10 Budget-friendly Things to do in Yellowstone National Park That You Shouldn't Miss

December 9, 2021 Florencio Paulino

Established in 1872, Yellowstone National Park is a national treasure. Located primarily in Wyoming, the park also extends into Montana and Idaho. Yellowstone has active geothermal features with geysers and boiling mud pots throughout the park. The most famous is Old Faithful, a geyser that has erupted on the clock for decades. Travelers be warned, July is the busiest month of the year, with almost a million visitors alone. The park has a tour bus system, nine visitor centers, and 2,000 campsites.

1. Upper Geyser Basin

Center Loop Road, Yellowstone National Park, WY 82190 +1 307-344-7381 http://www.yellowstonenationalpark.com/uppergeyser.htm
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5.0 based on 1,302 reviews

Upper Geyser Basin

Most of the geysers in Yellowstone Park can be found here.

Reviewed By I5101IEjayd - Bloomsburg, United States

We were lucky enough to have the timing fall for us to see three eruptions during our walk on the trail, plus the morning Glory pool at the end is a mini grand prismatic that you can get within feet of, if you are lucky enough to time this trail, it will be one of the best trails you are on, but if the timing doesn't line up, 90% of the geysers on the path are nothing special to see.

2. Lower Yellowstone River Falls

Yellowstone River, Yellowstone National Park, WY http://www.yellowstonenationalpark.com/roadsidewaterfalls.htm
Excellent
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5.0 based on 1,417 reviews

Lower Yellowstone River Falls

A spectacular waterfall located in Canyon Country.

Reviewed By Tommy599 - Two Rivers, United States

We crossed Chittenden bridge across the Yellowstone river; stopping first at Uncle Toms to view the smaller upper Falls, then on to Artist Point to view the MAGNIFICENT lower falls and the unbelievable colors of the canyon. It is IMPOSSIBLE to describe the majesty of this waterfall and canyon colors, so we will not even try,

3. Grand Canyon of the Yellowstone

Yellowstone National Park, WY 82190 https://www.yellowstonepark.com/things-to-do/grand-canyon-of-the-yellowstone-colors
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5.0 based on 5,017 reviews

Grand Canyon of the Yellowstone

Reviewed By USN_Seabee_Wife - Chehalis, United States

#1 Rule: Don't forget your camera, make sure your batteries are charged and that you have plenty of SD cards for your digital camera. What is here: The dramatic, 1,000-foot-deep Grand Canyon of the Yellowstone rewards visitors with dazzling views of multi-hued rock walls and majestic waterfalls. With walking and hiking trails for all abilities, and learning opportunities for the whole family, it’s easy to spend an entire day in this unique area of the park. The Grand Canyon of the Yellowstone is roughly 20 miles long and varies from 1,500 to 4,000 feet wide. Geologists believe it was formed as the Yellowstone River eroded softer, less resistant rock that had been weakened by hydrothermal gases and hot water. The colorful canyon is a natural work of art: streaks of red, orange, gold, black, and even green decorate the canyon walls. Several miles of trails connect 10 primary overlooks that afford dramatic views from both sides of the canyon. When we went there had been snowfall and it made the most beautiful pictures since it was combined with all of the colors of the canyon. Whether it’s your first visit to Yellowstone, or you visit regularly, everyone loves a summer day in the park. Here’s how to get the most out of yours. The best way to experience all the different facets of the canyon’s charm is to pick a trail and go for a hike. There are many trails along both canyon rims, from short jaunts to all-day treks. Here are a few of our favorites: Brink of the Lower Falls Trail (moderate): Descend 600 feet on a steep trail to get an up-close and personal view of the Lower Falls in all its thundering power. 0.7 miles, round-trip Seven Mile Hole Trail (strenuous): You’ll want to commit a whole day to this trail – the only one that leads to the canyon bottom.10.2 miles, round-trip Point Sublime Trail (easy): After visiting the Artist Point overlook, follow the South Rim Trail beyond Artist Point to this less-traveled path, which meanders along the canyon rim to the aptly named Point Sublime. 1.3 miles from Artist Point to Point Sublime View the Canyon and Falls While some views of the canyon and falls are only accessible by trail, you can still get to the following overlooks by car and a short walk from the parking lots on paved, accessible walkways. From North Rim Drive: View the Lower Falls from Lookout Point, Red Rock Point, Grand View, and Inspiration Point. Both waterfalls are visible from Brink of the Lower Falls. From South Rim Drive: See the Upper Falls from two viewpoints at Uncle Tom’s Point. View the Lower Falls at Artist Point. Several of the canyon overlooks and trails, which were originally built in the 1930s, are being rehabilitated with support from Yellowstone Forever. Over the years, they have been hammered by unforgiving weather, compromised by soil erosion, and damaged by increased visitation. In recent years, these conditions have prompted some temporary or long-term closures.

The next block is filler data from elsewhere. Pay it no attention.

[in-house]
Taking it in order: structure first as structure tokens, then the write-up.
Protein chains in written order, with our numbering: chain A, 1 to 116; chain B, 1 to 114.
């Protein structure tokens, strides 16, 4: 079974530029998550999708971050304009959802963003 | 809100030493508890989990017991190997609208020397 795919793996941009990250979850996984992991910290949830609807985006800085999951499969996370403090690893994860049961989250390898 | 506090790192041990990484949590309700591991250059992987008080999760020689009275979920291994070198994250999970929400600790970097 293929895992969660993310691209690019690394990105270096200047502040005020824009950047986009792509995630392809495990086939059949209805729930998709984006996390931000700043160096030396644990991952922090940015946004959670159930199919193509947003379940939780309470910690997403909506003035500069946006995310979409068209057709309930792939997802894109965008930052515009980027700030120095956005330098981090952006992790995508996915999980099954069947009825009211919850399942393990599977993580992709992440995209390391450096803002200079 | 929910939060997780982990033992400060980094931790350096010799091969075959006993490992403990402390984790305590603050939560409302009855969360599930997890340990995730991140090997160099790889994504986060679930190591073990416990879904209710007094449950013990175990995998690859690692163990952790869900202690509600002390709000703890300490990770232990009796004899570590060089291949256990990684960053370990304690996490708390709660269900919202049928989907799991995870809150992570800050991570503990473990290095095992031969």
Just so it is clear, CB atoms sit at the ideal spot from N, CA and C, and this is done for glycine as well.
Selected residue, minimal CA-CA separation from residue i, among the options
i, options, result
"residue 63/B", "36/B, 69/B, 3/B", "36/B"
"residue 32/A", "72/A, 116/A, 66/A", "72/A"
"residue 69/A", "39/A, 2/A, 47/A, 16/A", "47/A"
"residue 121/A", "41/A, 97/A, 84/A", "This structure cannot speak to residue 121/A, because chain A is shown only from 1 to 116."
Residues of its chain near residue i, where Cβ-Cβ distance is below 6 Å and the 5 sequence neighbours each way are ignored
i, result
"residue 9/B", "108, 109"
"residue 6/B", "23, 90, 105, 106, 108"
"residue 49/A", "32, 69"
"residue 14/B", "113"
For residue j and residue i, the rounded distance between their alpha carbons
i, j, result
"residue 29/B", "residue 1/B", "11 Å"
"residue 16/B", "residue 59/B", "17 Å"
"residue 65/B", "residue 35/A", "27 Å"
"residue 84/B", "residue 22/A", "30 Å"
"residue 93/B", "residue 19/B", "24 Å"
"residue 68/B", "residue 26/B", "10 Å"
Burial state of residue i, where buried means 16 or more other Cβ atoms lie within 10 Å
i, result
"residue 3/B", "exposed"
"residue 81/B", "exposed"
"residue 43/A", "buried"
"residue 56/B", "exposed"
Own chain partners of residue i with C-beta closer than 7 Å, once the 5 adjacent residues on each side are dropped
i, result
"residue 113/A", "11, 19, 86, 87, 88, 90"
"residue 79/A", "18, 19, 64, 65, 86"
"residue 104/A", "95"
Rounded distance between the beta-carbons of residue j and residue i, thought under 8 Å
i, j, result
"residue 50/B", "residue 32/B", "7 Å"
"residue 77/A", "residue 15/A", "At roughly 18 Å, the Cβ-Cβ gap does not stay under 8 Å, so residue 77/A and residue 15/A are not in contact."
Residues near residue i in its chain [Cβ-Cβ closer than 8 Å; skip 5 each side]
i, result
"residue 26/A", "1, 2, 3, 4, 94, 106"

4. Artist Point

South Rim Road, Yellowstone National Park, WY 82190
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5.0 based on 1,292 reviews

Artist Point

Reviewed By Tommy599 - Two Rivers, United States

We crossed Chittenden bridge across the Yellowstone river; stopping first at Uncle Toms to view the smaller upper Falls, then on to Artist Point to view the MAGNIFICENT lower falls and the unbelievable colors of the canyon. It is IMPOSSIBLE to describe the majesty of this waterfall and canyon colors, so we will not even try,